After stroke, family struggles with decision to remove part of son's brain
In 2014, Sidharth Gupta, 30, suffered a stroke. At 3 a.m. on Feb. 21, Sidharth, or "Sid" as he was known to friends, was admitted to the hospital. Emergency room triage records show that he was unable to stand or answer questions.
Up until this point, Sid was a healthy, energetic, hard worker at his Toronto advertising job and was the main family breadwinner.
When the stroke was diagnosed, Sid's family and friends had to make one of the most difficult choices any family can make — deciding whether there comes a point when a life is no longer worth saving.
'It was almost unthinkable to let him go'
There was no guarantee Sid would survive. Dr. Michael Tymianski performed the first surgery, a decompression craniectomy, about 32 hours after the first signs of stroke. While the procedure is done to save a life, it doesn't restore blood flow to the swollen part of the brain, and he warned the family it was unlikely Sid would be the way he was before.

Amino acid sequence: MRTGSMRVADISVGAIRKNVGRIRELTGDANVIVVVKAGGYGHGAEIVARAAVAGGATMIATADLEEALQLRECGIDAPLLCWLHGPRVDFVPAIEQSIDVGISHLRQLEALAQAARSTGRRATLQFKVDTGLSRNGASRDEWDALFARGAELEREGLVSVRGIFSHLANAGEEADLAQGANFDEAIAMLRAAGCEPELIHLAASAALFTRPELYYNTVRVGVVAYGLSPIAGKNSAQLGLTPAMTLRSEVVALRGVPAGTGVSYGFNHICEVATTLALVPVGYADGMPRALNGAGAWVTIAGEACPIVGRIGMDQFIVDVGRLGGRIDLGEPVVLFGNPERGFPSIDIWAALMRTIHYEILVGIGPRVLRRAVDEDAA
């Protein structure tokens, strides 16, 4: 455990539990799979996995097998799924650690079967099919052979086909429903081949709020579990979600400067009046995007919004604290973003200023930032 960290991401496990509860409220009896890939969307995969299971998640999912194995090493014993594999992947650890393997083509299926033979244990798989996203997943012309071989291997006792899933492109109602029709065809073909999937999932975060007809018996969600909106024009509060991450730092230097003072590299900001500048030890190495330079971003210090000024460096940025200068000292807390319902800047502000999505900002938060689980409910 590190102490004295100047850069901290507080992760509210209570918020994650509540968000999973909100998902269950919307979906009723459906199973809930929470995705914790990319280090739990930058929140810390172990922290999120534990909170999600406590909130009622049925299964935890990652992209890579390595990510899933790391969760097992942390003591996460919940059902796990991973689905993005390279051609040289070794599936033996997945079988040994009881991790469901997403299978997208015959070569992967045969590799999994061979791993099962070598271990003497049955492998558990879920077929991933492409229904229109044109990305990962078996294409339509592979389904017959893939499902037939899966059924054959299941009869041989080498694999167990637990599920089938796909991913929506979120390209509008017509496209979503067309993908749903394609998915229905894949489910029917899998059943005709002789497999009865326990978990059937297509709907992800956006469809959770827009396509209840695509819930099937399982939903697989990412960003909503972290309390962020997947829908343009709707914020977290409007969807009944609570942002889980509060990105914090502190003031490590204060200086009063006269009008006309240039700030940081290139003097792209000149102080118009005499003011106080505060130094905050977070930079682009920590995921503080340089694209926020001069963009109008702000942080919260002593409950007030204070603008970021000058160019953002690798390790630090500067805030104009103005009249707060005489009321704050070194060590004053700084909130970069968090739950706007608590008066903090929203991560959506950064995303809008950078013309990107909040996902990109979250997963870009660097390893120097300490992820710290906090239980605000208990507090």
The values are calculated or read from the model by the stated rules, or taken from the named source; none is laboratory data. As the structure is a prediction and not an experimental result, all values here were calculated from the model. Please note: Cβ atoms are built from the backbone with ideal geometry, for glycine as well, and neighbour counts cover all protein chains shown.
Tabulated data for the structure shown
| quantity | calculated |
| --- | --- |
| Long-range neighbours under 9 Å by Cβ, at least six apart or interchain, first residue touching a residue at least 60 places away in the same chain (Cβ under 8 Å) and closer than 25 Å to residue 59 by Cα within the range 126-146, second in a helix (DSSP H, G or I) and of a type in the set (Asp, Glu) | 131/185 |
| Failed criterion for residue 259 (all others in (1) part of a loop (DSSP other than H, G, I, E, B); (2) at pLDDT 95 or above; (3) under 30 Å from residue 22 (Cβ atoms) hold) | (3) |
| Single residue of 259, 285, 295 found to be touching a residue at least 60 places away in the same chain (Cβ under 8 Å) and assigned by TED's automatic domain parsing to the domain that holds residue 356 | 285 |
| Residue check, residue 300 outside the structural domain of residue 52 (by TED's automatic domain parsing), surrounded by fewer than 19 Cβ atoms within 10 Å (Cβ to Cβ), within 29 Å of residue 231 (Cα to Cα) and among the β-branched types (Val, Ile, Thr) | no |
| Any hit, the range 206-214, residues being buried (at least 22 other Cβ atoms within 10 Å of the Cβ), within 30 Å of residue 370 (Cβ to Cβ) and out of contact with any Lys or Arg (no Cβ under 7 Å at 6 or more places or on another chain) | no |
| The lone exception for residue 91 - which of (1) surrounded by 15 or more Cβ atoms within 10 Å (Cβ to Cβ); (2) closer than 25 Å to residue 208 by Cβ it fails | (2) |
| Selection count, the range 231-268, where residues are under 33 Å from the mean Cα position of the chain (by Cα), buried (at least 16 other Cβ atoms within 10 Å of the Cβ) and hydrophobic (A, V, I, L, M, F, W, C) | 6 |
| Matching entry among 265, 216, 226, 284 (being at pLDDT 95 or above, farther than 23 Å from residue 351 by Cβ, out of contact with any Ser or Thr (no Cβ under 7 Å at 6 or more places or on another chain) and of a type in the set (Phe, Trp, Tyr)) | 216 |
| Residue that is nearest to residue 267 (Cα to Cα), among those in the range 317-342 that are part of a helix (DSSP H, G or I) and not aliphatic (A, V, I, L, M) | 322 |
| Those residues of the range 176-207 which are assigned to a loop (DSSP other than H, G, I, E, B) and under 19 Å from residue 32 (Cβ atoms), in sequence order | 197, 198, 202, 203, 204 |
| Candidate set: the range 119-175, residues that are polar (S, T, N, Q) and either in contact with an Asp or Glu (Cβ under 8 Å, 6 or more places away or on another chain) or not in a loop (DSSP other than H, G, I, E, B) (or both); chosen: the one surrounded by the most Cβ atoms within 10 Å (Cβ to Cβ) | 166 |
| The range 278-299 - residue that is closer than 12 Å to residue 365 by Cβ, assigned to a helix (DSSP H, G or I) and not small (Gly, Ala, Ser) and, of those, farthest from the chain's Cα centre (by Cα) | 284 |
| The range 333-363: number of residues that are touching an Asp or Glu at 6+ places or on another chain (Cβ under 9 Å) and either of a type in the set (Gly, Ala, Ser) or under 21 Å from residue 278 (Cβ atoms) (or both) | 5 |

A second surgery was necessary when the swelling continued. The procedure would involve removing part of Sid's brain. Dr. Mark Bernstein and his team conducted the surgery by removing a large amount of superior frontal lobe and some of the temporal lobe, but chose not to go further.
Sid did survive the experience. He lives in India today, with his father. His sister, Isha Gupta says he is getting better but does not speak. She adds he's only 30 to 40 per cent of the person he was before the stroke.
Sid Gupta's story is the subject of a special online indepth news feature called Saving Sid, produced by Janet Thomson and Andre Mayer.
This segment was produced by The Current's Ines Colabrese.